Man in gym with barbell reverse curl bicep forearm strenght size

How do to the reverse curl for forearm and bicep size and strength

Master the barbell reverse curl to build serious forearm size and strength as well as sculpt bigger, stronger and more defined arms, says New Body Plan creator and Men’s Fitness cover star Jon Lipsey

The reverse curl is a tough exercise. That’s why you hardly ever see anyone doing them. People tend to shy away from moves that are challenging and instead focus on the easier ones. Why? Because doing so makes them feel good.

But you know what? It doesn’t necessarily make them look good. And the reality is that in many cases, the exercises that are toughest are also the most beneficial. The barbell reverse curl is a great example of this. So dig deep, give it a go and be rewarded with forearms that would make even Popeye jealous.

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What is a reverse curl?

The reverse curl is a bicep curl variation in which you take an overhand grip on the bar. That means the back of your hands are facing forwards at the start of the rep. With a traditional barbell biceps curl your hands are use an underhand grip.

Why should I do the barbell reverse curl?

The reverse curl is an excellent exercise for building forearm and grip strength. That’s useful for almost every exercise because your grip is often your weakest link in the strength chain. For example, when you fail a deadlift, it may be grip strength, rather than leg or back strength, that’s holding you back. What’s more, research published in the Lancet showed that stronger grip strength is linked to longer live expectancy. In short, there’s no downside to improving your grip strength.

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What are the physique benefits of reverse curls?

The move will increase the size of your forearms. If you only ever do curls that target your upper arms, you’ll get upper arm development. But you’ll get minimal forearm development. And skinny forearms aren’t a great look. So to give yourself a balanced physique, you want to do some forearm and grip work.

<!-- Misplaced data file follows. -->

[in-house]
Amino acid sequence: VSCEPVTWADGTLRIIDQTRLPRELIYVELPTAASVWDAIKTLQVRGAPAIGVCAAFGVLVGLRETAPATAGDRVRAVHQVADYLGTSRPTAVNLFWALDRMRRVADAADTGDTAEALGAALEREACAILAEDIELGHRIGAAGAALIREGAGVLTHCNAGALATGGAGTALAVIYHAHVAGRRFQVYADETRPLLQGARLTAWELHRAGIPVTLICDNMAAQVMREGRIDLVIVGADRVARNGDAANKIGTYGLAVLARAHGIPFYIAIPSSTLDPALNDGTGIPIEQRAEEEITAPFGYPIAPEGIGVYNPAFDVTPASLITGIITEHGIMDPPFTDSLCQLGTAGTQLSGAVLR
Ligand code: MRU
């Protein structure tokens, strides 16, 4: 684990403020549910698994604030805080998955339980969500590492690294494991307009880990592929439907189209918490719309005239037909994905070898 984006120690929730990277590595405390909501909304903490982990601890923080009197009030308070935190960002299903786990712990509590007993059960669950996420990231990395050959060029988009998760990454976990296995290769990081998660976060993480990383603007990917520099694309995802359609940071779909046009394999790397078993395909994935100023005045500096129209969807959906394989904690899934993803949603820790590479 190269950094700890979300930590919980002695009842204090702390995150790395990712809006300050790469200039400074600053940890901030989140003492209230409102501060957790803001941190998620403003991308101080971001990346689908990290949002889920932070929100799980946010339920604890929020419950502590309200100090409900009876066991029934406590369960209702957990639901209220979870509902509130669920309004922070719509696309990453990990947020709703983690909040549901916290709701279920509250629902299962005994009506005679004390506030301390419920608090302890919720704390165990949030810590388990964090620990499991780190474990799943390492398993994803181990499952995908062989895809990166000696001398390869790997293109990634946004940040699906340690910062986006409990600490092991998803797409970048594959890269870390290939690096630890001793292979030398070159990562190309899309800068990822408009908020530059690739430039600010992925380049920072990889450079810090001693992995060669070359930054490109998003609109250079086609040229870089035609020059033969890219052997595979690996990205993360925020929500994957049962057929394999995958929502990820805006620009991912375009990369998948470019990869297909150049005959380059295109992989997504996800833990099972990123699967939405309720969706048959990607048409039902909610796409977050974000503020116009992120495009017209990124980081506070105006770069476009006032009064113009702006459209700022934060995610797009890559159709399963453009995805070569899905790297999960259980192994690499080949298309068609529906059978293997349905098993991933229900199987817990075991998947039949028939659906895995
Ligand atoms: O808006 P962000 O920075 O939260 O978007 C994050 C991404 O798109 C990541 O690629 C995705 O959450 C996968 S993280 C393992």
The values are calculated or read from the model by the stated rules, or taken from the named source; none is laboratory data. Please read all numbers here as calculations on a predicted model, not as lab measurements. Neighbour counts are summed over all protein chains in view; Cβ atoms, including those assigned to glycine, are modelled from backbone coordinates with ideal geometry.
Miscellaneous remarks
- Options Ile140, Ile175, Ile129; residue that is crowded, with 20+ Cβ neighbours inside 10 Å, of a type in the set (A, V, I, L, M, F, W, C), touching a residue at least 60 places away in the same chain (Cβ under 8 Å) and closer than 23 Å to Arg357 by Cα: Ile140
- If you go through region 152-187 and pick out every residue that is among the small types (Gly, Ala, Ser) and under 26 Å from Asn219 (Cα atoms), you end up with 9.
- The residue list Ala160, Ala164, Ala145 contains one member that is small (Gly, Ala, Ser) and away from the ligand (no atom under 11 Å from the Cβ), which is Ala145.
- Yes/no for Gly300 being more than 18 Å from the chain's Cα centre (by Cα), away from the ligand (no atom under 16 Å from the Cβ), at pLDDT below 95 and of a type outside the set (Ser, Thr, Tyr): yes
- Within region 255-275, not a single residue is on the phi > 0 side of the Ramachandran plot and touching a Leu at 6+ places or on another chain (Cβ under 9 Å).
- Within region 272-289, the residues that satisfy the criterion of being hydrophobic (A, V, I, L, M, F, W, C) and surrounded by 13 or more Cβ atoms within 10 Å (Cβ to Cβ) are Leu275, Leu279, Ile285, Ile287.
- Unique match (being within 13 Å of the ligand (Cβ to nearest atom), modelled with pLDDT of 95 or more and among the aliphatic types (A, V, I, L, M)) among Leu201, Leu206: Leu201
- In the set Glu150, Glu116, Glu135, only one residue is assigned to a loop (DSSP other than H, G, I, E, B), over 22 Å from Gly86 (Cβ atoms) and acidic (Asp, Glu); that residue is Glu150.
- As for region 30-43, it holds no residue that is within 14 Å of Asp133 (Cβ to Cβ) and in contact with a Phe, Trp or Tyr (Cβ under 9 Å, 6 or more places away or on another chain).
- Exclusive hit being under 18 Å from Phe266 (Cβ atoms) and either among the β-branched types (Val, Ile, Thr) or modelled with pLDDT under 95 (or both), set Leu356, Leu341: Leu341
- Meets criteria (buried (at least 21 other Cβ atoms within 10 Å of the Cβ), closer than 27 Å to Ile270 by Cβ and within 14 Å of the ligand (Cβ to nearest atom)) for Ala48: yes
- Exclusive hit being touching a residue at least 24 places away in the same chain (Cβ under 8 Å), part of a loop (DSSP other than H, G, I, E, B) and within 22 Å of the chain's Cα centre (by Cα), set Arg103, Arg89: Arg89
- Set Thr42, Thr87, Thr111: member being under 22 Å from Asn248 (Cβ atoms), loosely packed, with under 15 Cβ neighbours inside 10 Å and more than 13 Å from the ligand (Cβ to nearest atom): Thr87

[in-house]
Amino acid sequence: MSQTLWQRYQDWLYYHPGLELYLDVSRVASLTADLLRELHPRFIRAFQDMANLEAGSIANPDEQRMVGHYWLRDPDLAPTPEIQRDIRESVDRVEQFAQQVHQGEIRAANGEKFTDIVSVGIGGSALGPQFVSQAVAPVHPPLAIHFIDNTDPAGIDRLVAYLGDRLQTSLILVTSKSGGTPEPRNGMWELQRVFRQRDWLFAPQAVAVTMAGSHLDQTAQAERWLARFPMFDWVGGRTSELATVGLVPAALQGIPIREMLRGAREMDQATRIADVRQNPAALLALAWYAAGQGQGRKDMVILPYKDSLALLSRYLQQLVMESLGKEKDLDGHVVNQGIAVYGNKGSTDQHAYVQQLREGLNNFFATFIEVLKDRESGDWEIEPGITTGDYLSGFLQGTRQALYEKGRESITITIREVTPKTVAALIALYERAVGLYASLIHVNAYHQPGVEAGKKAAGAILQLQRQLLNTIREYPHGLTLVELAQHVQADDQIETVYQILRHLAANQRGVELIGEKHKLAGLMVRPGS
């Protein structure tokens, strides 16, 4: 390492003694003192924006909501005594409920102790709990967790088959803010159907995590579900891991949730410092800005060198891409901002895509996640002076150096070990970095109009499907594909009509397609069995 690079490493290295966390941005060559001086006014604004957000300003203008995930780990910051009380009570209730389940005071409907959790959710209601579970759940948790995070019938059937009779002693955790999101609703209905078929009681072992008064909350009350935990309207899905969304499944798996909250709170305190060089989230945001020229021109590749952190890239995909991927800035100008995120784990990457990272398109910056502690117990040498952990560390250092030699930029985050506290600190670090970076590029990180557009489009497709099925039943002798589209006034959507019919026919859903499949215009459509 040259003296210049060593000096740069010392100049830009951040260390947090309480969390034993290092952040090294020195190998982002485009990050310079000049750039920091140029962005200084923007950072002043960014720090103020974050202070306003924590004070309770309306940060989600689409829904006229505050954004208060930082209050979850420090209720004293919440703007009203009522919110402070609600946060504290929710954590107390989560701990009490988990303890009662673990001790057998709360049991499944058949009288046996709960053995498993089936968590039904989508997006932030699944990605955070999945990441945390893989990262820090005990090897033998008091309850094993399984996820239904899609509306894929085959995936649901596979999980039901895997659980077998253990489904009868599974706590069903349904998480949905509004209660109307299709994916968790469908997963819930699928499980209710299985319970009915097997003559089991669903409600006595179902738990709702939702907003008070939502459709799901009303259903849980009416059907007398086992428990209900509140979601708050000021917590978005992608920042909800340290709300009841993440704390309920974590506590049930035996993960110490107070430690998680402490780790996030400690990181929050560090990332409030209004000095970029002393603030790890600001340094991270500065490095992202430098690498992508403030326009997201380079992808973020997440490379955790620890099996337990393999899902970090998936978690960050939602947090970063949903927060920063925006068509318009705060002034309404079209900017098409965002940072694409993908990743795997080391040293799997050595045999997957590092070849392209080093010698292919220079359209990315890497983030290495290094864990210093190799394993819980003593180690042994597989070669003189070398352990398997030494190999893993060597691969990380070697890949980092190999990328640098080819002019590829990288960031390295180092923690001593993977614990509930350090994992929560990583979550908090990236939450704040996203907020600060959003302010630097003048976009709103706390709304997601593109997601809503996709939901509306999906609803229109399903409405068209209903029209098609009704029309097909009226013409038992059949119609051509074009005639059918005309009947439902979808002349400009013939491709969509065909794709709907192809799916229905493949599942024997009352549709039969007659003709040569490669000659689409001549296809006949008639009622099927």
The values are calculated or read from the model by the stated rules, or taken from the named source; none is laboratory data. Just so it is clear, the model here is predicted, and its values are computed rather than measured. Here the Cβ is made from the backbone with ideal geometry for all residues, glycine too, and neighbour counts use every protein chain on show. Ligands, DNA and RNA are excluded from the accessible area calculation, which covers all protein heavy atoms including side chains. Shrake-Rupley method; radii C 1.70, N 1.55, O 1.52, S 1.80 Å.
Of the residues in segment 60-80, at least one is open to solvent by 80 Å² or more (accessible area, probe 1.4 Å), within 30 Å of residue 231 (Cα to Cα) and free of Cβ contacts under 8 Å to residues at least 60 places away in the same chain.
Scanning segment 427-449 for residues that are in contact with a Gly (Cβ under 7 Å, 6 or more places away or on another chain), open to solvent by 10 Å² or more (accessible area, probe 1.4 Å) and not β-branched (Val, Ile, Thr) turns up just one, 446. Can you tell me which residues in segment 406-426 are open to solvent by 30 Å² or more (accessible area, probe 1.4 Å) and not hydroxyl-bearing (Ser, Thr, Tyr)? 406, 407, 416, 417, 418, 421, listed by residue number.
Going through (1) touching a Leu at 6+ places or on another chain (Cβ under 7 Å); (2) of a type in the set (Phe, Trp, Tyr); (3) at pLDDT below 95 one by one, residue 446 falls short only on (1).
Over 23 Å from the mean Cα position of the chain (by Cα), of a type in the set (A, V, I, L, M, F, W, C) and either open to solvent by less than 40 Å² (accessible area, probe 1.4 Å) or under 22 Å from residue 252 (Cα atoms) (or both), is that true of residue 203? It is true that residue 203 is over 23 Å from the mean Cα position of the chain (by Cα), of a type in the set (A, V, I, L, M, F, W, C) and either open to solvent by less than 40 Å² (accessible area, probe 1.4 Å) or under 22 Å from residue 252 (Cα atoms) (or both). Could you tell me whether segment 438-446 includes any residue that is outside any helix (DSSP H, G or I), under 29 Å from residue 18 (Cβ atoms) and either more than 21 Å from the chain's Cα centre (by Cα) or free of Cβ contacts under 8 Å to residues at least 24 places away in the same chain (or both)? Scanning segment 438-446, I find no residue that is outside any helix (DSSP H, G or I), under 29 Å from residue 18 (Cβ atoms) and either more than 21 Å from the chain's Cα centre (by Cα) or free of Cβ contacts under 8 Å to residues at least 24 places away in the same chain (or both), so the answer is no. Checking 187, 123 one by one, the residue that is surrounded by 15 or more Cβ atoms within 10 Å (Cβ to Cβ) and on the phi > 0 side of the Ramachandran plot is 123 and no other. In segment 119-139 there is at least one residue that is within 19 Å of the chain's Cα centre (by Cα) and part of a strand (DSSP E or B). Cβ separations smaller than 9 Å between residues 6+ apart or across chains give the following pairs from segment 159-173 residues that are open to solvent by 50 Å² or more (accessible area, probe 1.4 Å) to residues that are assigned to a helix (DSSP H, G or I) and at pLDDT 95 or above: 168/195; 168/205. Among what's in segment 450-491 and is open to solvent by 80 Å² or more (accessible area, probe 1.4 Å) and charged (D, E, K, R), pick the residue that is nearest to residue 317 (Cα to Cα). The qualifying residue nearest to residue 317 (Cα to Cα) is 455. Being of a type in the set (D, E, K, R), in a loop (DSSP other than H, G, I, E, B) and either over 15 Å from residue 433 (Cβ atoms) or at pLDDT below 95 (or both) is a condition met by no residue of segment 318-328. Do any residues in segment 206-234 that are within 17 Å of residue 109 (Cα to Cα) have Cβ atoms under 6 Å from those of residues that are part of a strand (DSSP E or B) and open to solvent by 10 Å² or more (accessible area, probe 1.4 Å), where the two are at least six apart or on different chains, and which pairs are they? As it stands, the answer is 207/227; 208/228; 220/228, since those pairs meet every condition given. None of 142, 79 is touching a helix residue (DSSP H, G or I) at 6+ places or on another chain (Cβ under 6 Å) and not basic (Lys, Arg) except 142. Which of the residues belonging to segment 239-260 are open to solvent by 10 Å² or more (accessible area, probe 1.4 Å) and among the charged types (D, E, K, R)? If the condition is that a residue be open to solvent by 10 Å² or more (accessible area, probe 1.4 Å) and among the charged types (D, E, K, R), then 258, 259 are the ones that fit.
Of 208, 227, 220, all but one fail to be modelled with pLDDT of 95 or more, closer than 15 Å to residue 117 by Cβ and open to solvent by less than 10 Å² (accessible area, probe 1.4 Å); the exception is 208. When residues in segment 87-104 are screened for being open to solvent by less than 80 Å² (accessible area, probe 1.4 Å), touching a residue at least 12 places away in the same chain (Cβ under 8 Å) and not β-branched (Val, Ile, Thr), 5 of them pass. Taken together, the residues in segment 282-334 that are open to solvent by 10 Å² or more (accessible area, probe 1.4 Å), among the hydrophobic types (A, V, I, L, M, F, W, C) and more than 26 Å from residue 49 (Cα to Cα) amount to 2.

What’s the difference between the dumbbell reverse curl and barbell reverse curl?

There’s not a huge amount of difference. With the barbell reverse curl your hands are in a fixed position. With the dumbbells your wrists can rotate. That might be a disadvantage when you get tired. There may be a temptation to cheat the exercise by externally rotating your wrists. With the barbell, there’s no way to cheat the move.

On the other hand, dumbbells allow you to do Zottman curls. This is a hybrid move contain elements of both the standard dumbbell biceps curl, the dumbbell hammer curl, and the dumbbell reverse curl.

When should I do the reverse curl?

It’s a move you should save until the end of your workout. It will fatigue your forearms and that is usually the limiting factor in any lift. If your forearms are tired and you try to do a big compound lift that requires a strong grip, such as the seated row, you’ll really struggle. So leave the reverse curl to the end of your session when you’re not relying on forearm strength to power other exercises.

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How to do the perfect reverse curl

• Stand tall while holding a barbell in two hands with an overhand grip where your palms are facing towards you.
• Bend your elbows to curl the bar up to shoulder height.
• Lower the bar slowly to the start and repeat the move.

How to get better at the barbell reverse curl

Use different grips for forearm strength

To maximise the weight you lift, use a standard grip where your thumb grips the bar. To place more emphasis on the muscle at the top of the forearm, use an open grip. In an open grip your thumb rests on top of the bar, rather than helping to secure it.

Lift lighter weights to build muscle

You’ll be able to lift less weight in the overhand grip position than you can in the normal underhand grip position. You also want to pay attention to the speed of the lift. Don’t go for the heaviest weight you can manage and let the bar fall back to the start. Instead, control the negative (eccentric) phase of the lift by lowering the bar for a count of four.

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Reverse curl alternatives

Dumbbell reverse curl

This variation will help to ensure that both arms are equally strong. It’s also the obvious choice if you’re training at home and only have a set of dumbbells.

EZ bar reverse curl

This option is potentially kinder on the wrists and elbows. You perform the rep with your wrists in a slightly rotated position. Use it if the barbell version causes any joint soreness.

Flat bar cable reverse curl

This is a really good cable machine option because the cable keeps the tension constant throughout the rep.

Zottman curl

In this hybrid move you do a normal dumbbell curl on the way up. Then you rotate your wrists 180 degrees and do a reverse curl on the way down.

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